Growth 'phenomenon' in offshore services keeps India in lead

Growth 'phenomenon' in offshore services keeps India in lead

Summary: India remains clear leader for offshore services in Asia-Pacific region, but other countries such as China and the Philippines are firm competitors, new research shows.

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With its strong IT labor pool and government support, India continues to dominate the offshore services scene in the Asia-Pacific region, according to a new Gartner report.

The report, published in February but released Thursday, identified China as the most prominent challenger to India's top position because of its huge potential. A number of emerging countries such as Vietnam, the Philippines and Malaysia, which have attractive cost structures, also show promise, said Gartner.

"India continues to lead in this market because we won't see another Asia-Pacific country displaying the same growth phenomenon as it has," said Jacqueline Heng, Gartner's research director for business process services, in a phone interview. "This is down to factors such as its predominant English-speaking base, strong government support and political stability."

Australia, New Zealand, Singapore, Thailand and Indonesia made up the rest of the top 10 offshoring locations selected by Gartner. For the study, the research firm assessed the capabilities and potential of 30 countries based on 10 categories, including language proficiency, government support and availability of skilled labor pool.

While India continues to grow in terms of revenues from the export of IT services, the Gartner report noted that its relative share of the worldwide market has declined marginally. This is because other countries are investing heavily in an effort to gain more market share, while enterprises are also engaging in "derisking strategies"--spreading out their outsourcing activities in a portfolio of countries besides India, according to the study.

China is one of these countries looking to usurp India's position by investing heavily in its infrastructure, and this has resulted in a "very good" rating, or 4 out of a scale of 5, Gartner said. The report too pointed out the Chinese government had thrown their support behind promoting the country as a possible offshore services location, while low cost remains an attractive pull factor.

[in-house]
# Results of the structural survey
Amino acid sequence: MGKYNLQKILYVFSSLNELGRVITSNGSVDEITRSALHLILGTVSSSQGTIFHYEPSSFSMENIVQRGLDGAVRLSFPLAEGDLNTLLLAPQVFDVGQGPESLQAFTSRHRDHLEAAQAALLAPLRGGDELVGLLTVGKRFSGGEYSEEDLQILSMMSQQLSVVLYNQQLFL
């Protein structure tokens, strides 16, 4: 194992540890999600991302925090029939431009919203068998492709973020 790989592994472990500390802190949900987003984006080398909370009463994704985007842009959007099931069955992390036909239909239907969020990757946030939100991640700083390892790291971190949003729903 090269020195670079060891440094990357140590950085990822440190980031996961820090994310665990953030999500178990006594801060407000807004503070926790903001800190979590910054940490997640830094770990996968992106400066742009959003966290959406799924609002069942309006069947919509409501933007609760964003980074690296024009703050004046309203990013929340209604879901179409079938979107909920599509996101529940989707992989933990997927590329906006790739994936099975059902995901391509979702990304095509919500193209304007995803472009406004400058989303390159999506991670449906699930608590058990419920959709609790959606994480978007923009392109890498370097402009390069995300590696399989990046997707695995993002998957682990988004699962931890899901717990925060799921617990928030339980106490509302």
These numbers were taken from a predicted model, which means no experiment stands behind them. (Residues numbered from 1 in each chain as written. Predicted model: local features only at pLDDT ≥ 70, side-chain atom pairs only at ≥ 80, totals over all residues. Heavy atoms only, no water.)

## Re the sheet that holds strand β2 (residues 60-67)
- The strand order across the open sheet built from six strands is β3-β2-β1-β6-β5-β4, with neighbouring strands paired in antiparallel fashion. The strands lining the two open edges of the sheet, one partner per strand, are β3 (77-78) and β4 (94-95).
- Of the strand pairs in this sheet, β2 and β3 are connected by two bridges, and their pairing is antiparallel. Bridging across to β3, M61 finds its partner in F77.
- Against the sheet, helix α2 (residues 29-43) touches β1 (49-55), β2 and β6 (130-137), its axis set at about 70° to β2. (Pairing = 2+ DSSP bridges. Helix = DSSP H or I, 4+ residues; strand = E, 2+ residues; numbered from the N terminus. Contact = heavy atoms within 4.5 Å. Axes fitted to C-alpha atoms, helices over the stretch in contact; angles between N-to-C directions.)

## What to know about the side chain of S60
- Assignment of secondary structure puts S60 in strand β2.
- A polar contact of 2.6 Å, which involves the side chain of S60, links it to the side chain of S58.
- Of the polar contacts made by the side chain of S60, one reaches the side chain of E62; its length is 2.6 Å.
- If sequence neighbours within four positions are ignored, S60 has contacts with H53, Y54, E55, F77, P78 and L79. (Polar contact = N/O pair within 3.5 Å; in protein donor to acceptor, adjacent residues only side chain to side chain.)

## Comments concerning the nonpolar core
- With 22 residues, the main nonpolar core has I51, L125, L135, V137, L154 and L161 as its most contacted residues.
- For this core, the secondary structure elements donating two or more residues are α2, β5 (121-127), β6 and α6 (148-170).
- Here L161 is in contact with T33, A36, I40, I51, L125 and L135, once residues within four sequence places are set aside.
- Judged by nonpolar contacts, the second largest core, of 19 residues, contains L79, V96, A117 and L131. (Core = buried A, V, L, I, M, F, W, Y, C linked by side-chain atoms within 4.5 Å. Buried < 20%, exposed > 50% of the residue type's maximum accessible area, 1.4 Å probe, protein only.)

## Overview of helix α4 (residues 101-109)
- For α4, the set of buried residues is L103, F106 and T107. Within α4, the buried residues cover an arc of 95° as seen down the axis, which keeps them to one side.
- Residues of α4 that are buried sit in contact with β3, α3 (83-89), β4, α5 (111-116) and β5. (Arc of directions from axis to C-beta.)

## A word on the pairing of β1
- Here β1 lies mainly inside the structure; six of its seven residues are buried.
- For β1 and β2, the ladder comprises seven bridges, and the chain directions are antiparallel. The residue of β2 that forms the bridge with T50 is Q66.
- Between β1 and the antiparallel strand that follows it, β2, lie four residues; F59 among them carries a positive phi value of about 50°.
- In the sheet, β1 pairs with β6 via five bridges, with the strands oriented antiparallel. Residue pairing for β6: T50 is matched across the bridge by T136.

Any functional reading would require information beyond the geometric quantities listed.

Language barriers, however, are holding back China, with the report stating countries such as the Philippines which has a stronger base of English-speaking natives, are generating more revenue than its Chinese counterpart. Heng also cited Malaysia as a potential country that could flourish in the offshore services sector, given its language abilities.

"There is a good English speaking base there, and I can see them going beyond the niche areas that the Philippines is servicing at the moment. While Malaysia were slow starters compared to the Philippines, their ramp up has been quick," the analyst said.

Gartner noted in the report that mature markets such as Australia, New Zealand and Singapore present "limited cost-benefits" but this could be offset by pull factors such as strong infrastructure, experienced labor force and a less risky environment to do business in.

In terms of labor experience, the study showed that IT professionals in India have spent three to five years in the industry while those in China had only two to three years. By contrast, the talent pools in Australia and New Zealand typically have 15 to 20 years' experience, and this is a vital resource when it comes to project and program management, said Gartner.

To maximize the individual strengths of the different markets, Gartner suggests companies should consider a "dual strategy" of locating corporate functions in the more mature markets while outsourcing their transactional back-office functions to lower-cost locations nearby.

Research firm XMG Global forecasted last year the global outsourcing market will hit US$373 billion in total revenues by end 2009, with India and China as the main revenue generators.

Topics: IT Employment, CXO, Outsourcing

Kevin Kwang

About Kevin Kwang

A Singapore-based freelance IT writer, Kevin made the move from custom publishing focusing on travel and lifestyle to the ever-changing, jargon-filled world of IT and biz tech reporting, and considered this somewhat a leap of faith. Since then, he has covered a myriad of beats including security, mobile communications, and cloud computing.

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